(This article belongs to the Special Issue Energy Finance)
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Open AccessArticle Analysis of the Relationship between Ethanol Spot and Futures Prices in Brazil
Int. J. Financial Stud. 2017, 5(2), 11; https://doi.org/10.3390/ijfs5020011
Received: 3 October 2016 / Revised: 24 February 2017 / Accepted: 15 March 2017 / Published: 1 April 2017
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Abstract
In this work, an investigation and analysis are carried out in order to observe the relationship between ethanol spot and futures prices in Brazil. We adopted the Engle and Granger co-integration approach. Also, we consider the information share method proposed by Hasbrouck in
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In this work, an investigation and analysis are carried out in order to observe the relationship between ethanol spot and futures prices in Brazil. We adopted the Engle and Granger co-integration approach. Also, we consider the information share method proposed by Hasbrouck in order to examine the market efficiency in price discovery and information transmission. Results show that although the futures market is efficient in price discovery and information transmission, the cash market leads the long-run price discovery process. This suggests that the underlying cause of the dominance of the available market over the futures market can be attributed to the market’s relative concentration in wholesale ethanol distribution due to the formation of marketing pools by the ethanol mills, as well as the small number of distributors that control a significant portion of the market share. Full article
(This article belongs to the Special Issue Energy Finance)
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Open AccessArticle New Insight into the Finance-Energy Nexus: Disaggregated Evidence from Turkish Sectors
Int. J. Financial Stud. 2017, 5(1), 1; https://doi.org/10.3390/ijfs5010001
Received: 31 July 2016 / Revised: 24 November 2016 / Accepted: 12 December 2016 / Published: 1 January 2017
Cited by 2 | PDF Full-text (725 KB) | HTML Full-text | XML Full-text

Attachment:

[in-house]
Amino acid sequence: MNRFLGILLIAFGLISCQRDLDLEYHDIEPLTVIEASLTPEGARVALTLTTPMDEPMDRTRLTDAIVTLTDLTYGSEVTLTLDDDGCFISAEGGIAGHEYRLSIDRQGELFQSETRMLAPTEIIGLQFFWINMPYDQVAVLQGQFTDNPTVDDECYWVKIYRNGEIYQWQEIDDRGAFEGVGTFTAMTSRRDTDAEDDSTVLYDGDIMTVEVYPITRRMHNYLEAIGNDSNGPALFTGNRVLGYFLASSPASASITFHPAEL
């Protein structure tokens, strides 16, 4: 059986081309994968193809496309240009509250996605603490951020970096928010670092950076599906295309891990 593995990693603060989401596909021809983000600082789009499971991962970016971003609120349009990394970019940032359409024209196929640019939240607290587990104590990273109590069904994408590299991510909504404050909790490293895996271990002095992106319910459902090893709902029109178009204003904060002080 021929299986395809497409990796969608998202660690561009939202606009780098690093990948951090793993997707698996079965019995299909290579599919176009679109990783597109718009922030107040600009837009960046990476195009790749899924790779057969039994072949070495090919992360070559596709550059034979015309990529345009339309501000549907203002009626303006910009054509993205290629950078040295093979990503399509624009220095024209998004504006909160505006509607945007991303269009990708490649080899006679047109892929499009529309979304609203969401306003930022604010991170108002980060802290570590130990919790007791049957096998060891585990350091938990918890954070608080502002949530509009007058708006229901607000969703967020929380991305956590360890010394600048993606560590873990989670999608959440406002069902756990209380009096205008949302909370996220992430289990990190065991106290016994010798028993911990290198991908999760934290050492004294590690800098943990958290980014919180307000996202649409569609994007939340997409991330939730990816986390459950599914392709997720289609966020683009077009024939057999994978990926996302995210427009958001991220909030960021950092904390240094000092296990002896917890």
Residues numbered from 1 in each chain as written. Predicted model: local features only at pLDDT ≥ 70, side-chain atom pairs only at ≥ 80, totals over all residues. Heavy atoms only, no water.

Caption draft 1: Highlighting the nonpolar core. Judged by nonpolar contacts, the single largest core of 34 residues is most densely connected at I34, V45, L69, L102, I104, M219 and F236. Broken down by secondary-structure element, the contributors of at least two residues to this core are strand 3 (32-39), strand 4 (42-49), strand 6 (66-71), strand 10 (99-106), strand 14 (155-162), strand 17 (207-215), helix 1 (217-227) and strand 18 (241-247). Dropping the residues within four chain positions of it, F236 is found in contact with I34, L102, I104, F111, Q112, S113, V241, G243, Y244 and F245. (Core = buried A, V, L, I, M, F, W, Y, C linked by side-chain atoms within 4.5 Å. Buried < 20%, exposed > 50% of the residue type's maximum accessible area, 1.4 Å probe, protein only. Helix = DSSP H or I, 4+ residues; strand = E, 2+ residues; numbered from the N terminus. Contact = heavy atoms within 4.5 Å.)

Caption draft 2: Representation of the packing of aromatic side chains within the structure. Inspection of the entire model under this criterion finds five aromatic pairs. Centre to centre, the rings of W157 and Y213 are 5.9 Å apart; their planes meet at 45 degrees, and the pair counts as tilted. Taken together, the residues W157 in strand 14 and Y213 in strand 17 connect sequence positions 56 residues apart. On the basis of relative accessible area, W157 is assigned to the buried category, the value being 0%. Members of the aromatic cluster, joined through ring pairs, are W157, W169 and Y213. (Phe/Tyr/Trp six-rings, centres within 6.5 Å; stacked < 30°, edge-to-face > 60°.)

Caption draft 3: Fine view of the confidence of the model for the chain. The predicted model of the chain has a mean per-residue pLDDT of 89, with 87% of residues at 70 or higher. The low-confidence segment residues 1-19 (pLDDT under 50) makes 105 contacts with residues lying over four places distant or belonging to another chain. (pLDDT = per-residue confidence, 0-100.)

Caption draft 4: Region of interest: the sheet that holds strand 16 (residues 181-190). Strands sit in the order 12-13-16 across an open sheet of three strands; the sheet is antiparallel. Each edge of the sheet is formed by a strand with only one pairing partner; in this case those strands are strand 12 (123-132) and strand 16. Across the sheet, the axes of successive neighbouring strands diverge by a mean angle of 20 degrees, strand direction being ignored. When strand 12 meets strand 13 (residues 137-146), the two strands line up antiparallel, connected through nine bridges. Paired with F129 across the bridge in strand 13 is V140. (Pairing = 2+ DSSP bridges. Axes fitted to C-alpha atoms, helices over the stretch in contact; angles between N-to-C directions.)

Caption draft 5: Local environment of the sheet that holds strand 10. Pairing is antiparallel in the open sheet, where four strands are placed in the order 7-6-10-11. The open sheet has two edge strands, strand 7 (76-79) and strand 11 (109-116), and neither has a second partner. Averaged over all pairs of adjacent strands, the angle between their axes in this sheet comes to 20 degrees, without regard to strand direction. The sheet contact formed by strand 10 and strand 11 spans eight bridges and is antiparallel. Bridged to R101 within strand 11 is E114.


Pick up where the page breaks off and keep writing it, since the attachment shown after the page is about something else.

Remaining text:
Abstract
Seeing that reshaped energy economics literature has adopted some new variables in energy demand function, the number of papers looking into the relationship between financial development and energy consumption at the aggregate level has been increasing over the last few years. This paper,
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Seeing that reshaped energy economics literature has adopted some new variables in energy demand function, the number of papers looking into the relationship between financial development and energy consumption at the aggregate level has been increasing over the last few years. This paper, however, proposes a new framework using disaggregated data and investigates the nexus between financial development and sectoral energy consumption in Turkey. To this end, panel time series regression and causality techniques are adopted over the period 1989–2011. Empirical results confirm that financial development does have a significant impact on energy consumption, even with disaggregated data. It is also proved that the magnitude of financial development is larger in energy-intensive industries than in less energy-intensive ones. Full article
(This article belongs to the Special Issue Energy Finance)
Open AccessArticle Oil Prices, Credit Risks in Banking Systems, and Macro-Financial Linkages across GCC Oil Exporters
Int. J. Financial Stud. 2016, 4(4), 23; https://doi.org/10.3390/ijfs4040023